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I think Degrom has Hall of Fame stuff, but lacks the proverbial peak of a HoF pitcher assuming his career ended today. Like I said he would need to have a few more dominant, healthy seasons, which is possible, but considering his overall track record is unlikely.

I don't understand the comment. Putting aside 2020, he's had one year of injuries, last year. Before that (2015-19 as a regular starter) he was averaging about 30 starts a season. What are you getting at with "track record"?

Seems to be a narrative taking hold that he's struggled within injuries his whole career. Which isn't true. That would be Steven Matz.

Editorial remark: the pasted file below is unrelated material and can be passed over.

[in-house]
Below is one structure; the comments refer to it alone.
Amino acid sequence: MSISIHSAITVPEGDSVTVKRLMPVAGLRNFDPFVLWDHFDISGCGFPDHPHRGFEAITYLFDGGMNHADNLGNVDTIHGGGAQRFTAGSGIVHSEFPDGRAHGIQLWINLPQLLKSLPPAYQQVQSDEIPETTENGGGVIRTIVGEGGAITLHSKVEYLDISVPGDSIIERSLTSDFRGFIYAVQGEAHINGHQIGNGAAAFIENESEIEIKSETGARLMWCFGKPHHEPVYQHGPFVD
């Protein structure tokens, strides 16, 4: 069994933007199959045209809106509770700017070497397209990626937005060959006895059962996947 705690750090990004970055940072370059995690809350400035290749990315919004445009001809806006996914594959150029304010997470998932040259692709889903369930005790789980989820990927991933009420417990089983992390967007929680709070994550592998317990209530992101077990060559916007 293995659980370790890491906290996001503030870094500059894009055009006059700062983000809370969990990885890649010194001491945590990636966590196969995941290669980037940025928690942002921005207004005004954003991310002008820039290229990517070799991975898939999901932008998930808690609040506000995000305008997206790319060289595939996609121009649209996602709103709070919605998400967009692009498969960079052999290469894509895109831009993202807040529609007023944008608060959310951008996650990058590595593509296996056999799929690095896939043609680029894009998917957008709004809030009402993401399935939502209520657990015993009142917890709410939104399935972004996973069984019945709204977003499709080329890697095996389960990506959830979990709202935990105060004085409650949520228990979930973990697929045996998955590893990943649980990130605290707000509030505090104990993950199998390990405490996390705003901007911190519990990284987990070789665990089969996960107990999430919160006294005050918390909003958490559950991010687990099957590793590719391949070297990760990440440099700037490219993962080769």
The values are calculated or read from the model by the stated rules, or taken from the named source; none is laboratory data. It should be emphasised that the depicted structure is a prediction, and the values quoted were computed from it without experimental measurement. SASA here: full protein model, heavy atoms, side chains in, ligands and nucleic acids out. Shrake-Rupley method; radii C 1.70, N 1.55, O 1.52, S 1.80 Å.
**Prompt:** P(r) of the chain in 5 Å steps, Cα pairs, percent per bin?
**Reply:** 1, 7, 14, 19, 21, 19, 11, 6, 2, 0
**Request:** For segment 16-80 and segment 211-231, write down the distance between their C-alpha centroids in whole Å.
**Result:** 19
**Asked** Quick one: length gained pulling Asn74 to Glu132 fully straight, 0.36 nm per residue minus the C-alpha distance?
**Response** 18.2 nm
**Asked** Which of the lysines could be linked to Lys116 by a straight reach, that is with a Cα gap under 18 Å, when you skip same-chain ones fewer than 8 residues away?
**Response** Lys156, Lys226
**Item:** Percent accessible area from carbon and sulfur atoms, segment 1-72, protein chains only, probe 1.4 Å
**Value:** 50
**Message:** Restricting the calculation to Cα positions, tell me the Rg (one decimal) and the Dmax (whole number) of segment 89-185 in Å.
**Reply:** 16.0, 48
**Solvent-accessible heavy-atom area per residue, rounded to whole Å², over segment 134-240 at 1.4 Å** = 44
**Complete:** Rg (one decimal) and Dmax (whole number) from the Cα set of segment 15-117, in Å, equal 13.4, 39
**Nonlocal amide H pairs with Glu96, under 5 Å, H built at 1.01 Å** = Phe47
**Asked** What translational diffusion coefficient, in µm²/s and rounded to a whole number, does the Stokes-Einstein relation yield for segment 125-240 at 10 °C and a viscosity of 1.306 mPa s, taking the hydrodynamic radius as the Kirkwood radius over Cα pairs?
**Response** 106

He won 3 Cy Youngs in a row and was well on his way to a 4th last year when he came down with injuries. So any "track record" he has of being injured started last summer.

Last edited by Snapolit1; 12-21-2021 at 08:03 PM.
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Old 12-21-2021, 09:03 PM
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Quote:
Originally Posted by Snapolit1 View Post
I think Degrom has Hall of Fame stuff, but lacks the proverbial peak of a HoF pitcher assuming his career ended today. Like I said he would need to have a few more dominant, healthy seasons, which is possible, but considering his overall track record is unlikely.

I don't understand the comment. Putting aside 2020, he's had one year of injuries, last year. Before that (2015-19 as a regular starter) he was averaging about 30 starts a season. What are you getting at with "track record"?